Why Renting is STILL Better Than Owning a Home

wilsongalyeJune 29, 2013

The ability to own a home is as hard as it has ever been. In the last few years most of them selected a renting home than owing a home. But whatâÂÂs your choice? Is it depends upon the financial situation?
Advantages of renting
Usually when you price out the cost difference, renting is really affordable. You don't have to pay property taxes as a renter and just buying a house costs money like closing costs, insurances, etc.
Here's one thing to keep in mind that I think about. If you rent, you have the luxury of picking up and moving.

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christopherh

Um, you DO pay property taxes when you rent. Those taxes are part of the rent you pay. And if the taxes go up, the next lease will reflect that.

And yes, you can pick up and move. And that's part of the fun of being young.

Just for kicks, I went to the website of the apartment my wife and I rented when we got married. Back then (1972) the rent was an outrageous $205 a month. And you had to make a month's rent per week in salary. Don't forget, you could buy a brand new Toyota for $1,995 back then.

Today that exact same apartment rents for $1,205 a month. This was a 1 bedroom 650 sq ft garden apartment in Randolph, New Jersey.

You buy a home, the mortgage stays the same for the life of the loan, and currently you can deduct the taxes and interest you pay. Can't do that with rent money, but your landlord can.

    Bookmark   June 29, 2013 at 3:17PM
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christopherh

Another thing. If you don't have renter's insurance, you're crazy. Your landlord is responsible for the dwelling, but nothing in it. A fire burns the place down, his insurance makes him whole, but without renter's insurance, you're out in the cold.

    Bookmark   June 29, 2013 at 3:20PM
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cathyyg

People somehow came to look at houses as an investment, meant to endlessly and rapidly appreciate in value, so they could be sold in order to buy a bigger fancier home. People no longer buy a home with the idea of paying it off and owning that home. People enter into new mortgages in their 60s and 70s. It is insane. The original idea is still solid. Buy a house and pay it off. Thereafter you will only owe the property taxes and utilities, which is a big help when trying to exist on Social Security and a small pension if you are lucky enough to still have one.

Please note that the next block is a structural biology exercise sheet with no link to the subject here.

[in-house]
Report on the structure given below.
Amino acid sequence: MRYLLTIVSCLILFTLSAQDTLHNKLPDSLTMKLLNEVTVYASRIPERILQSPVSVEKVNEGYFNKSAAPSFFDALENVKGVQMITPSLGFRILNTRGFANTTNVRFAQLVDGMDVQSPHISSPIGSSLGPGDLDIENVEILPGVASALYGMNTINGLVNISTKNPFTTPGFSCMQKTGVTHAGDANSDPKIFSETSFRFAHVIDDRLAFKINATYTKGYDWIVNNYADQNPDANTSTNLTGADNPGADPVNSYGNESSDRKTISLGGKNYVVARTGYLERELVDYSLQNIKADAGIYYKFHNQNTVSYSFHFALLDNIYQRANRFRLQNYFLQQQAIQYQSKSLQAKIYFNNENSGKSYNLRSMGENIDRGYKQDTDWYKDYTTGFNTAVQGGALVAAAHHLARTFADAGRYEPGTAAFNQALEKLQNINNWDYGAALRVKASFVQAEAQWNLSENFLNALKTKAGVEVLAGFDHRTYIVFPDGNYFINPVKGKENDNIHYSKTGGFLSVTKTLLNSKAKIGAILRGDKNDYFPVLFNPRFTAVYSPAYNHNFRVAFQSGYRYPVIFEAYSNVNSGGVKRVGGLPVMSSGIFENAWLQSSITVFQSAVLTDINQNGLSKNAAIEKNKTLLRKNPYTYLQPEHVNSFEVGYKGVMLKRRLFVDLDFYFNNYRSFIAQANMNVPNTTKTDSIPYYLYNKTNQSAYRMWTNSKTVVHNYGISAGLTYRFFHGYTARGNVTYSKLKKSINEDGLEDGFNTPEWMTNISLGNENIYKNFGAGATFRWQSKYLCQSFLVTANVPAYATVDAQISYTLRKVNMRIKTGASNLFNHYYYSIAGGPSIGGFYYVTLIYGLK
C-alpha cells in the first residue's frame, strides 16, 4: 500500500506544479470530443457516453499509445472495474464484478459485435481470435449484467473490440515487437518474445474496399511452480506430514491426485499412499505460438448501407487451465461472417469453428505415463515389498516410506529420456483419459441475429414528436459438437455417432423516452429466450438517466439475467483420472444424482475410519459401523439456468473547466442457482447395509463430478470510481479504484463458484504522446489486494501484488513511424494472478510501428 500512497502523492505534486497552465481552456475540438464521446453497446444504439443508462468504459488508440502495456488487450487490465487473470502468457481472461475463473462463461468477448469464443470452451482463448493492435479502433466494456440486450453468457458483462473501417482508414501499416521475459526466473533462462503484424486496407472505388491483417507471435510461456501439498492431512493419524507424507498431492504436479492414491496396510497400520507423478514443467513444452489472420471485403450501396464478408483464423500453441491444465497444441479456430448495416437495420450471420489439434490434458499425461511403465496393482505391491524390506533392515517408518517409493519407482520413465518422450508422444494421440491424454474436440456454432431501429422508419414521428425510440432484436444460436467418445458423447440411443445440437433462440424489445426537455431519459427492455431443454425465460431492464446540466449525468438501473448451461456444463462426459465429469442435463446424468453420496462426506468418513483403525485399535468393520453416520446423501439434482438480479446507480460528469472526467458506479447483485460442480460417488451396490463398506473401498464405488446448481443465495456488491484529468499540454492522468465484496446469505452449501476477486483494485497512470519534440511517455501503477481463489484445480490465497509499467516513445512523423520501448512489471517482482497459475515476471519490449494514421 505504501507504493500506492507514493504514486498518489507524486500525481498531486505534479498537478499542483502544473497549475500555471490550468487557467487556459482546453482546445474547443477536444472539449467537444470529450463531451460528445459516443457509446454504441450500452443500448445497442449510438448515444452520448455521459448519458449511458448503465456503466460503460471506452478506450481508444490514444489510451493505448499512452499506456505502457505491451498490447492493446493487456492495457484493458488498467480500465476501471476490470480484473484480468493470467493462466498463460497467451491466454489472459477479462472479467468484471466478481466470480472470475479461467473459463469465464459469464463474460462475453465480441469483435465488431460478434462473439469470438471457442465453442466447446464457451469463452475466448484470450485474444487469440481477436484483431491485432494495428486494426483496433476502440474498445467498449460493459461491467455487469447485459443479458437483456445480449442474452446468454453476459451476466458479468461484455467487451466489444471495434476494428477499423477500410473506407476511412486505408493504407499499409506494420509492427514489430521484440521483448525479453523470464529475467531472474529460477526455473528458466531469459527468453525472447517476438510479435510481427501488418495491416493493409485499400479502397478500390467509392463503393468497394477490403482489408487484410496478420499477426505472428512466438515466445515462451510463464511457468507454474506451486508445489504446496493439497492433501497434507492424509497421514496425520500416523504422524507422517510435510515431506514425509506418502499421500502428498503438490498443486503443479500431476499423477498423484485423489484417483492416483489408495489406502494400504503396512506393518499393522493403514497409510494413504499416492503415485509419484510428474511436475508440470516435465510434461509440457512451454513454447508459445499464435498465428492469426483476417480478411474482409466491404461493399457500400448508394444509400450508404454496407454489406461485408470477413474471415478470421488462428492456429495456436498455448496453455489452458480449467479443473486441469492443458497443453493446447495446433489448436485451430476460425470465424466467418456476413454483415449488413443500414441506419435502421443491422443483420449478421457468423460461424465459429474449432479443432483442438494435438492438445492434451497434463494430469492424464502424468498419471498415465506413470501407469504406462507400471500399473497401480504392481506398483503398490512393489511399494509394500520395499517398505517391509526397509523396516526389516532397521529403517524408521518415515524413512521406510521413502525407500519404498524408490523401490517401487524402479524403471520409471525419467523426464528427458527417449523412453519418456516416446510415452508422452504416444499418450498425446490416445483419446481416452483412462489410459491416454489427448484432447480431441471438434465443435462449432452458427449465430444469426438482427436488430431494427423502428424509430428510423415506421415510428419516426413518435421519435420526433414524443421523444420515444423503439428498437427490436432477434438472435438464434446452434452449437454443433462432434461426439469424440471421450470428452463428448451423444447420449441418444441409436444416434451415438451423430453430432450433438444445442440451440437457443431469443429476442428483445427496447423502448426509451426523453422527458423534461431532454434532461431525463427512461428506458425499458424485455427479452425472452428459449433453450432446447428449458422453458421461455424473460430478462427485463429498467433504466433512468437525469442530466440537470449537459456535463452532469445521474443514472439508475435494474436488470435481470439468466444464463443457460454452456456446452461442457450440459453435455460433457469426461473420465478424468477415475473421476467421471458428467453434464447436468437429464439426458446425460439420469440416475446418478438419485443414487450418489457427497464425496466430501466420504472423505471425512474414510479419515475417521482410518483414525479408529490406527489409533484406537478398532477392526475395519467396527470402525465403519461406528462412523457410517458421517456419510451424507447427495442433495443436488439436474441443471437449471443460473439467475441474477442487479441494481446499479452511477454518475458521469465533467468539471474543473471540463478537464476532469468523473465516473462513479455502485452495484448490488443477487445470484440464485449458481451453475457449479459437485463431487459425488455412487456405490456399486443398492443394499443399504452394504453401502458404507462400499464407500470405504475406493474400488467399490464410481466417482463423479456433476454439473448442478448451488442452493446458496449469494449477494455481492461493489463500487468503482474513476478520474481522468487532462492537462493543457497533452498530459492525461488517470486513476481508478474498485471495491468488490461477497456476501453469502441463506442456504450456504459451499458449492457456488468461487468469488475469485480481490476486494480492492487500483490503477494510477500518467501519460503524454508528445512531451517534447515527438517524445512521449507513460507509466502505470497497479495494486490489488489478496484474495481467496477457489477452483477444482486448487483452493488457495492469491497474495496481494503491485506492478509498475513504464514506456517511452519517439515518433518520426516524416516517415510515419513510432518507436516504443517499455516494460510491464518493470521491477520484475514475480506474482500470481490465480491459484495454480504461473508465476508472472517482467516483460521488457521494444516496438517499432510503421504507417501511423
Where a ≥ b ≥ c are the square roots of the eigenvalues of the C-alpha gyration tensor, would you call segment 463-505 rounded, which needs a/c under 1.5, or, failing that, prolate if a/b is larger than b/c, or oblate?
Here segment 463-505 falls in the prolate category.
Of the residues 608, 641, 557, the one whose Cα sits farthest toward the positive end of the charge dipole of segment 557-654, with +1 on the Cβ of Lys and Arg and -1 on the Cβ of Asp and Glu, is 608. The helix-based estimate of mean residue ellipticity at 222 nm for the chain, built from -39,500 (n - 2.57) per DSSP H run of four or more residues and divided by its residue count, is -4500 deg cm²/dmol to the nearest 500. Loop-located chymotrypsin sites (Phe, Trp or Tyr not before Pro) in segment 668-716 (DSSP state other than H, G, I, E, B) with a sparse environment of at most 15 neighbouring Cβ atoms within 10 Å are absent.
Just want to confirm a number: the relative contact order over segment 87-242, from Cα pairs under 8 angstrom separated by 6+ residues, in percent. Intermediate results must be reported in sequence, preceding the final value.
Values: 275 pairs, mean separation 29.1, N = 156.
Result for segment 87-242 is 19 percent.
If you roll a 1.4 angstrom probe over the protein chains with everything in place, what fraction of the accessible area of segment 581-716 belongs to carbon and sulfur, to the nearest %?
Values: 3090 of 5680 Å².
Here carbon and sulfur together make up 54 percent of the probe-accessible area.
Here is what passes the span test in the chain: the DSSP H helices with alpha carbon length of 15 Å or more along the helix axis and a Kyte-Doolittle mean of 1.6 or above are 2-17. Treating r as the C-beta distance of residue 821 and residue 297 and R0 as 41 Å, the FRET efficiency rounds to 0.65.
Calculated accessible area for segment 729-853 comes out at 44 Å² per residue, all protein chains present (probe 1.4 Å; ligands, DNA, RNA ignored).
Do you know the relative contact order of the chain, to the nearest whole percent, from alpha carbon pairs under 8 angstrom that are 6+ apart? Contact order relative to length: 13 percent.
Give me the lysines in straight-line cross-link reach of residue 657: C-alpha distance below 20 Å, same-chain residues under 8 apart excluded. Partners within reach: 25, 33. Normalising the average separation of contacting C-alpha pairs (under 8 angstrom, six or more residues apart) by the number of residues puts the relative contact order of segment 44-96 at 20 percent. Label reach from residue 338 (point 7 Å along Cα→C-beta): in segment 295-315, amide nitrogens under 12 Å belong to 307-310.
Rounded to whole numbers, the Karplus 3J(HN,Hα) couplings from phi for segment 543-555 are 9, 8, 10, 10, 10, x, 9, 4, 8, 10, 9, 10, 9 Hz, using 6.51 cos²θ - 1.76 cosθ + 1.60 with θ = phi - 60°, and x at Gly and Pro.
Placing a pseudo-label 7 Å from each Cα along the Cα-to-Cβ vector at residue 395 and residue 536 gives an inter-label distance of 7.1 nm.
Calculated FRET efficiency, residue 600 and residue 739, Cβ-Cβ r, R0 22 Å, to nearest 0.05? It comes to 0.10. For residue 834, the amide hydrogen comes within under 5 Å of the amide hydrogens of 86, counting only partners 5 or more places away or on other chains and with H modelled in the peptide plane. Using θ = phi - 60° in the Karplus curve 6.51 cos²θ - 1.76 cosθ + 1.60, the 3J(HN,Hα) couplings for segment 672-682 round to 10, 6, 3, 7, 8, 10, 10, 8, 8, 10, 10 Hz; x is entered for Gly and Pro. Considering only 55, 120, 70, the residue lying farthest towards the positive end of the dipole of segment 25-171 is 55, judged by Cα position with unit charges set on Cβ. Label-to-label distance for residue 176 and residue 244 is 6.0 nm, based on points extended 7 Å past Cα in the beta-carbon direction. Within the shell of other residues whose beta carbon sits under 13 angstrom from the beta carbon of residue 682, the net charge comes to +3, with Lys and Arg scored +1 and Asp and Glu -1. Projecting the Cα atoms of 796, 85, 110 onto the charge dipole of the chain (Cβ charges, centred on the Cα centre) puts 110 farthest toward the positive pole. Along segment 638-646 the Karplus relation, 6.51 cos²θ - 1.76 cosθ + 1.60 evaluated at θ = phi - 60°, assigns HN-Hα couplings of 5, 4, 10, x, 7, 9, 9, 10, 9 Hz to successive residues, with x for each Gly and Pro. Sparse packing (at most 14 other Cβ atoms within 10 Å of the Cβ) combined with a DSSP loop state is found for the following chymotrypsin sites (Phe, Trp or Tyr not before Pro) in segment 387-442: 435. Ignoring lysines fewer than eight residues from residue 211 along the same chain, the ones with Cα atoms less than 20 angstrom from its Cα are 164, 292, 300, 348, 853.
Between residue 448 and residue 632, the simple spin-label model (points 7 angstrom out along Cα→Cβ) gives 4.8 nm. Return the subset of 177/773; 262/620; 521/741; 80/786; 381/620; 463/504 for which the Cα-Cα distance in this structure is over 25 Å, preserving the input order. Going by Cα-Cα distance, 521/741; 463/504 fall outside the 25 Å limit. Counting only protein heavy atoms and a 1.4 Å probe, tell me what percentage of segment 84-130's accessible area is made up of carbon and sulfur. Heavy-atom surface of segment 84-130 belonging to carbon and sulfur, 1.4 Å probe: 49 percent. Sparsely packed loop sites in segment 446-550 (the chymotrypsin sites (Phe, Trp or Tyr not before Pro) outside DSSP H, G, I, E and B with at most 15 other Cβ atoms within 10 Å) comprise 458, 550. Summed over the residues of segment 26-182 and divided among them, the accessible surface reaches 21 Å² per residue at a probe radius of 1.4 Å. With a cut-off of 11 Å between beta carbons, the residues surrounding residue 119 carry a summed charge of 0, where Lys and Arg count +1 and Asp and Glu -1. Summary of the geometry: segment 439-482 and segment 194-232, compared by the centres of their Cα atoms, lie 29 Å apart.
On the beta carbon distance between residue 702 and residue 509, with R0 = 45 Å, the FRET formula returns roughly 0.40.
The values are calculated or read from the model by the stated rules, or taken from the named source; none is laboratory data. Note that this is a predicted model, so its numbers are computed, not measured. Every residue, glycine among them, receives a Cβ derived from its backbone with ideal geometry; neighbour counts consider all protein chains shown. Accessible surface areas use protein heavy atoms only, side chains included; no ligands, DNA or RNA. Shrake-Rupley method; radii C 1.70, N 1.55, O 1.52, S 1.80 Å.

Bookmark   June 29, 2013 at 10:29PM
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christopherh

We purchased our starter home in1975. And we did indeed use the profits to purchase larger homes. And now that we are retired, we built our modular retirement home in Vermont and used the proceeds from our last house to pay cash for the current one. So yes, we only have our property taxes and utilities.

    Bookmark   June 30, 2013 at 6:58AM
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Guy954

Renting is throwing money aways, especially as far as mobile homes go.

even lot rents, unless you find cheap ones is very expensive.

In my first 6 years in south Florida I spent over $50K in rent.

When I turn 55 I am going to buy a cheaper mobile home with land or into a co-op where the share is $30K and some homes only cost a few thousand more. then I will only be paying the HOA fee which is only $60 a month where you own the land and they don't have amenities, or $160 with a co op that gives you free water, free satellite TV and does you lawn maintenance.

    Bookmark   October 13, 2014 at 11:04PM
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